271 Massachusetts State Police Recruits Begin 23 Weeks of Training Tomorrow at Department’s Academy

Early Monday morning, 271 members of the 85th Recruit Training Troop will enter the Massachusetts State Police Academy to begin the rigorous training to become Massachusetts State Troopers.

“Today’s  start of the 85th R.TT. serves as an important step toward ensuring that the Commonwealth’s  State Police force is adequately staffed to fulfill our core mission of serving and protecting Massachusetts’ residents and visitors and making our roadways safer,” said Colonel Christopher S. Mason, Superintendent of the Massachusetts State Police. 

Over the next 23 weeks, Recruits based at the Academy compound in rural New Braintree will receive instruction in police procedures; criminal and motor vehicle laws; defensive tactics; ethics; departmental policies, rules and regulations; firearms and other use of force equipment; emergency first aid; physical training; and emergency driving.  The training will be conducted by MSP drill instructors, classroom instructors, and specialized subject matter experts. 

Topics of instruction will reflect the wide spectrum of current and emerging issues that large modern police agencies are tasked with handling, including the opioid crisis, drugged driving, homeland security, social problems, mental health concerns, domestic violence, and animal cruelty. 

“Over the next 23 weeks, trainees will undertake a rigorous training regimen that will provide them with the fundamental skills required to navigate the modern policing environment,”Colonel Mason said.  “This recruit class will receive instruction that emphasizes skills such as de-escalation, responding to and serving diverse and vulnerable populations, and officer wellness. This training environment will expand on reinforcing the important ethical and moral expectations that both the agency and the public share.”

One hallmark of MSP Academy training is scenario-based instruction, in which Recruits respond to dozens of different situations simulating those they will encounter once they graduate and begin patrolling the state. The scenarios — which involve the use of role players and realistic environments such as structures, roadsides, and vehicles — simulate a wide range of incidents and actions, including car stops, hidden contraband, suspicious persons, barricaded or combative suspects, and active shooters.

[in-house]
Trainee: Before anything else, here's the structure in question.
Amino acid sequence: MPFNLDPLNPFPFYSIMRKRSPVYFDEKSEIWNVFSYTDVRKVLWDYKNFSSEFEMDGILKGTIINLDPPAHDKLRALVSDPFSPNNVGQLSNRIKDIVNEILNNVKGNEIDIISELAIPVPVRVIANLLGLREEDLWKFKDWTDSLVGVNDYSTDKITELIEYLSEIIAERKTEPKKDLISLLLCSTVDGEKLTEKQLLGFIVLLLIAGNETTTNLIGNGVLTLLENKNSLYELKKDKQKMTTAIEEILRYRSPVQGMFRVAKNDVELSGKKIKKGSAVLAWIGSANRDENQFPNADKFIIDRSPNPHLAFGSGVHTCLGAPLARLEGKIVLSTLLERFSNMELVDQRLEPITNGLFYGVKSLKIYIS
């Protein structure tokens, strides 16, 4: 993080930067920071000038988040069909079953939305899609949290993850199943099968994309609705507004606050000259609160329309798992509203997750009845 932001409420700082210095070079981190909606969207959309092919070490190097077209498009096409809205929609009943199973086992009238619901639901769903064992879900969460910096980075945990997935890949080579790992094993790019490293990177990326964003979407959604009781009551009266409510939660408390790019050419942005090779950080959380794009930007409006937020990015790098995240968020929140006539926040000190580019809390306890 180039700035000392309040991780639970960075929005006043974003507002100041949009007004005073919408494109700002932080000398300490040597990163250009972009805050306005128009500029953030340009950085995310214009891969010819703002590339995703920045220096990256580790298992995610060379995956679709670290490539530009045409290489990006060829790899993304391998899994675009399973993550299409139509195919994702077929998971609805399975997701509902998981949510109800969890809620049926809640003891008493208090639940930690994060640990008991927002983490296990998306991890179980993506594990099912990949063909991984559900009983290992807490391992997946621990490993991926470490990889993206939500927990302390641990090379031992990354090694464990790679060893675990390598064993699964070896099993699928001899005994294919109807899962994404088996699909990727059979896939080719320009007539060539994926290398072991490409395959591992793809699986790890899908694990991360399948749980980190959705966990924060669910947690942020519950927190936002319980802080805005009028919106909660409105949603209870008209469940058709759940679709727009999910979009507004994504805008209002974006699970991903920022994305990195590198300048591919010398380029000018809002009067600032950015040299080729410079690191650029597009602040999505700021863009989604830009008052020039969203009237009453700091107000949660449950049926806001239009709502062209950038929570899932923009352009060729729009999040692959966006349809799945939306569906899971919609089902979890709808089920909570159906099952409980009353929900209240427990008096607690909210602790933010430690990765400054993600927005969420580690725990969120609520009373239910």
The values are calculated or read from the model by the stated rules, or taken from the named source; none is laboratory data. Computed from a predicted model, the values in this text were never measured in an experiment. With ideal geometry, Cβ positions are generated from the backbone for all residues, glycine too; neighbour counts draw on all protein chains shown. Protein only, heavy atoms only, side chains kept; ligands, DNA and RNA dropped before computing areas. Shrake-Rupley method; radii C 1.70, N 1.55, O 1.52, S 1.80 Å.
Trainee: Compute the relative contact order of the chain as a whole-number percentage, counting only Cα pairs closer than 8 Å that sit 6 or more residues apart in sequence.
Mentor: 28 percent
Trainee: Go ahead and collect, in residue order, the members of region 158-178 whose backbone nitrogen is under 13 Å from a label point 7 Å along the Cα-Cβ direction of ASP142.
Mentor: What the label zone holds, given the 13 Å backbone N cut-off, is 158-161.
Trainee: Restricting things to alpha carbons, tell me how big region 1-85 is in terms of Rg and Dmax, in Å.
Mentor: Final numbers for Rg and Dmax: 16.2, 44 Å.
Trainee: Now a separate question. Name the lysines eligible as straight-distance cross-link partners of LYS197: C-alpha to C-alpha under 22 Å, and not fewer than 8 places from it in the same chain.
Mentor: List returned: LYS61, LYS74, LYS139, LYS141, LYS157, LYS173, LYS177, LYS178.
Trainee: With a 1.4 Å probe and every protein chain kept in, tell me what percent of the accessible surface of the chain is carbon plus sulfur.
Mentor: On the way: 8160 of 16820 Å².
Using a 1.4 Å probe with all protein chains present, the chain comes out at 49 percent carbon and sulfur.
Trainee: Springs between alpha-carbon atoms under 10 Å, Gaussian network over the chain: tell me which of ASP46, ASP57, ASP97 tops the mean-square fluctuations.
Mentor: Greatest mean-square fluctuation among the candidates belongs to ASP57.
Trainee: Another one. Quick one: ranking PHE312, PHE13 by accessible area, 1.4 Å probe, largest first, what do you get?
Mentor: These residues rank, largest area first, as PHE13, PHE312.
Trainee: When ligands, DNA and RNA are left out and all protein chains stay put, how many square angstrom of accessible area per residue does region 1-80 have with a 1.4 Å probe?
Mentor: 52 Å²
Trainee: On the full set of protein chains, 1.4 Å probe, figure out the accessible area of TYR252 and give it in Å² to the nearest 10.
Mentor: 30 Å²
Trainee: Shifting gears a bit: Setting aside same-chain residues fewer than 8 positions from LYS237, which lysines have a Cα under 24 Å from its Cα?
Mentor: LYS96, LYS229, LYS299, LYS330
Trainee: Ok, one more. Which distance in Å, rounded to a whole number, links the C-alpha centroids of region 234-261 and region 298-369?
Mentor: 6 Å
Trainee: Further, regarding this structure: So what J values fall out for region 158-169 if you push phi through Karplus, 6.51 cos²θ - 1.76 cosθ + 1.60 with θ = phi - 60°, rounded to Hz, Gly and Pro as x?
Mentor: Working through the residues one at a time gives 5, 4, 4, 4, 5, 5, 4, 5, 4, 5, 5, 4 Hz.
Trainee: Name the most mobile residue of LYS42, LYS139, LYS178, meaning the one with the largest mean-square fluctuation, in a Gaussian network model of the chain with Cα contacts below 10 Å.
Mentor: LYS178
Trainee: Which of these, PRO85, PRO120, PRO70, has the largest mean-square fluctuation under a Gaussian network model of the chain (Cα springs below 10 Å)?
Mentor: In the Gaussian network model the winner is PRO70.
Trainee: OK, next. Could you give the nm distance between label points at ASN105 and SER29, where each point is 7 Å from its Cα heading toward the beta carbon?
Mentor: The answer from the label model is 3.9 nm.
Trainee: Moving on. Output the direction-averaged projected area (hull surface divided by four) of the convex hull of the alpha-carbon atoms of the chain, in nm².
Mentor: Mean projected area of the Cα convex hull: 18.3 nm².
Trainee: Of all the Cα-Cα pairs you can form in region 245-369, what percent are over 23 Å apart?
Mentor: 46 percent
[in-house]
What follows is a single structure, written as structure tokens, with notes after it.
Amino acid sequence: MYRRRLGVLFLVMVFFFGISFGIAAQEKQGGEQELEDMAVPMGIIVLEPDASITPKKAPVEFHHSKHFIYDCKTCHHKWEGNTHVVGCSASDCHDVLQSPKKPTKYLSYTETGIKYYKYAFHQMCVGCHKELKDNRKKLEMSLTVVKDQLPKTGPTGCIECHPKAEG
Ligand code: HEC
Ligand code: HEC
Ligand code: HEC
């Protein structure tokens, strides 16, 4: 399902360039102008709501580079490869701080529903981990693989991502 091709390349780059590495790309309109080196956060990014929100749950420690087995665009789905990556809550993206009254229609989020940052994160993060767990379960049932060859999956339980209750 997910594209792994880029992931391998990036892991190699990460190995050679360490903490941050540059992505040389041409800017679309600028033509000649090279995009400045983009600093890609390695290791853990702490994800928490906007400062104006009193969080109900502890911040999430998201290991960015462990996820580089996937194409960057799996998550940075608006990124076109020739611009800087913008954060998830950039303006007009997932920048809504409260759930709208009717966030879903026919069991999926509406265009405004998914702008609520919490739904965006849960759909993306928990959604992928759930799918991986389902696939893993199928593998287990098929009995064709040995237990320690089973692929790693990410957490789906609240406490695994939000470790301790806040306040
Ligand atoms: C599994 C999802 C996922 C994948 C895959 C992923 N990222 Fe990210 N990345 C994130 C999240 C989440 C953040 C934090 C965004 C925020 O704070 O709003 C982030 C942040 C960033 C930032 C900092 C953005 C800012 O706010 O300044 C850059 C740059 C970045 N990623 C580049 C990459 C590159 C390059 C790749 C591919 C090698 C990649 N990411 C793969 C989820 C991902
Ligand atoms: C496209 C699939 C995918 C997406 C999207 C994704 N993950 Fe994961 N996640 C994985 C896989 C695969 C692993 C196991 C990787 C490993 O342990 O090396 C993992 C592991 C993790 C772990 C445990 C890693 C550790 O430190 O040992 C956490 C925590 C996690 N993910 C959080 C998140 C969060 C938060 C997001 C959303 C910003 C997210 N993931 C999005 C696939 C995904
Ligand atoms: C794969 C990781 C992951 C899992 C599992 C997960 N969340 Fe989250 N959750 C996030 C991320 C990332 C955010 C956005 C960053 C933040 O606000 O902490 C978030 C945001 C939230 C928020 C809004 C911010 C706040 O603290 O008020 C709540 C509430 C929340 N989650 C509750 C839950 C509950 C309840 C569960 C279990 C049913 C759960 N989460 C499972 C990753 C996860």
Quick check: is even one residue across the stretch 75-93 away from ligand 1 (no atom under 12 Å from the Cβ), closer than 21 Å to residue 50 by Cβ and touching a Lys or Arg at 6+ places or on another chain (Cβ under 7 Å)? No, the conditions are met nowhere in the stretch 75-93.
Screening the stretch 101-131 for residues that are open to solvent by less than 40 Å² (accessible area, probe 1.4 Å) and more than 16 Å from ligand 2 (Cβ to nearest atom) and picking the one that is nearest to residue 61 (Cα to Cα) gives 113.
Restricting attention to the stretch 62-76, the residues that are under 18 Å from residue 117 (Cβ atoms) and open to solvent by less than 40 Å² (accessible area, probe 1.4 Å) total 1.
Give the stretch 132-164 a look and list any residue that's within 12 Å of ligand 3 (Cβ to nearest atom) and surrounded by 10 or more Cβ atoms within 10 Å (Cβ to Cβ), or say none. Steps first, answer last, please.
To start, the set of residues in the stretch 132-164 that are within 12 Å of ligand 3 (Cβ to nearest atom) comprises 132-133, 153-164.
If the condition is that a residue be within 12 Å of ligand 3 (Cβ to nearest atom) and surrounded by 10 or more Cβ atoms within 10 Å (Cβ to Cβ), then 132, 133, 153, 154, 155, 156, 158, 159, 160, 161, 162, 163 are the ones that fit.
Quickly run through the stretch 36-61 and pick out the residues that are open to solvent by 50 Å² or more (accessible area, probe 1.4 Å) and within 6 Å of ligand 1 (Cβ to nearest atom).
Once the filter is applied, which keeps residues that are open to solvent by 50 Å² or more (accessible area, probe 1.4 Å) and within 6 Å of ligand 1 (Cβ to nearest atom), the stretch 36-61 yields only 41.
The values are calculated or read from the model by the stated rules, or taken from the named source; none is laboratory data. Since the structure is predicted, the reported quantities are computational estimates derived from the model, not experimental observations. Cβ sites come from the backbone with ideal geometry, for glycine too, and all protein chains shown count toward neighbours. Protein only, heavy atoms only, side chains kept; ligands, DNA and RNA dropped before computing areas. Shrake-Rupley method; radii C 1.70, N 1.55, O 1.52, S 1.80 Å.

The scenarios, mostly performed outdoors and at times at night, are combined with many hours of classroom instruction, subject matter tests, defensive training, and a rigorous cross training-based fitness regimen designed to replicate the physical demands faced by a state trooper. Recruits are also trained in use of Department-issued firearms, electronic weapons and other use of force equipment, as well as in emergency medical aid, water rescue, and use of the overdose reversal drug Narcan. Recruits undergo intensive training in emergency driving on the course at the MSP’s Emergency Vehicle Operations Center in Ayer. 

Recruits live at the Academy from Monday through Friday and complete homework assignments on weekends. The number of Recruits entering the Academy, 271, is the most in recent memory. Those who graduate will be sworn-in as MSP Troopers and begin their careers in late spring with assignments to road patrols out of the MSP’s five geographic Troops. 

“I am confident that this approach to training will produce excellent results and will ensure that the public gets the high level of service they deserve,” Colonel Mason said.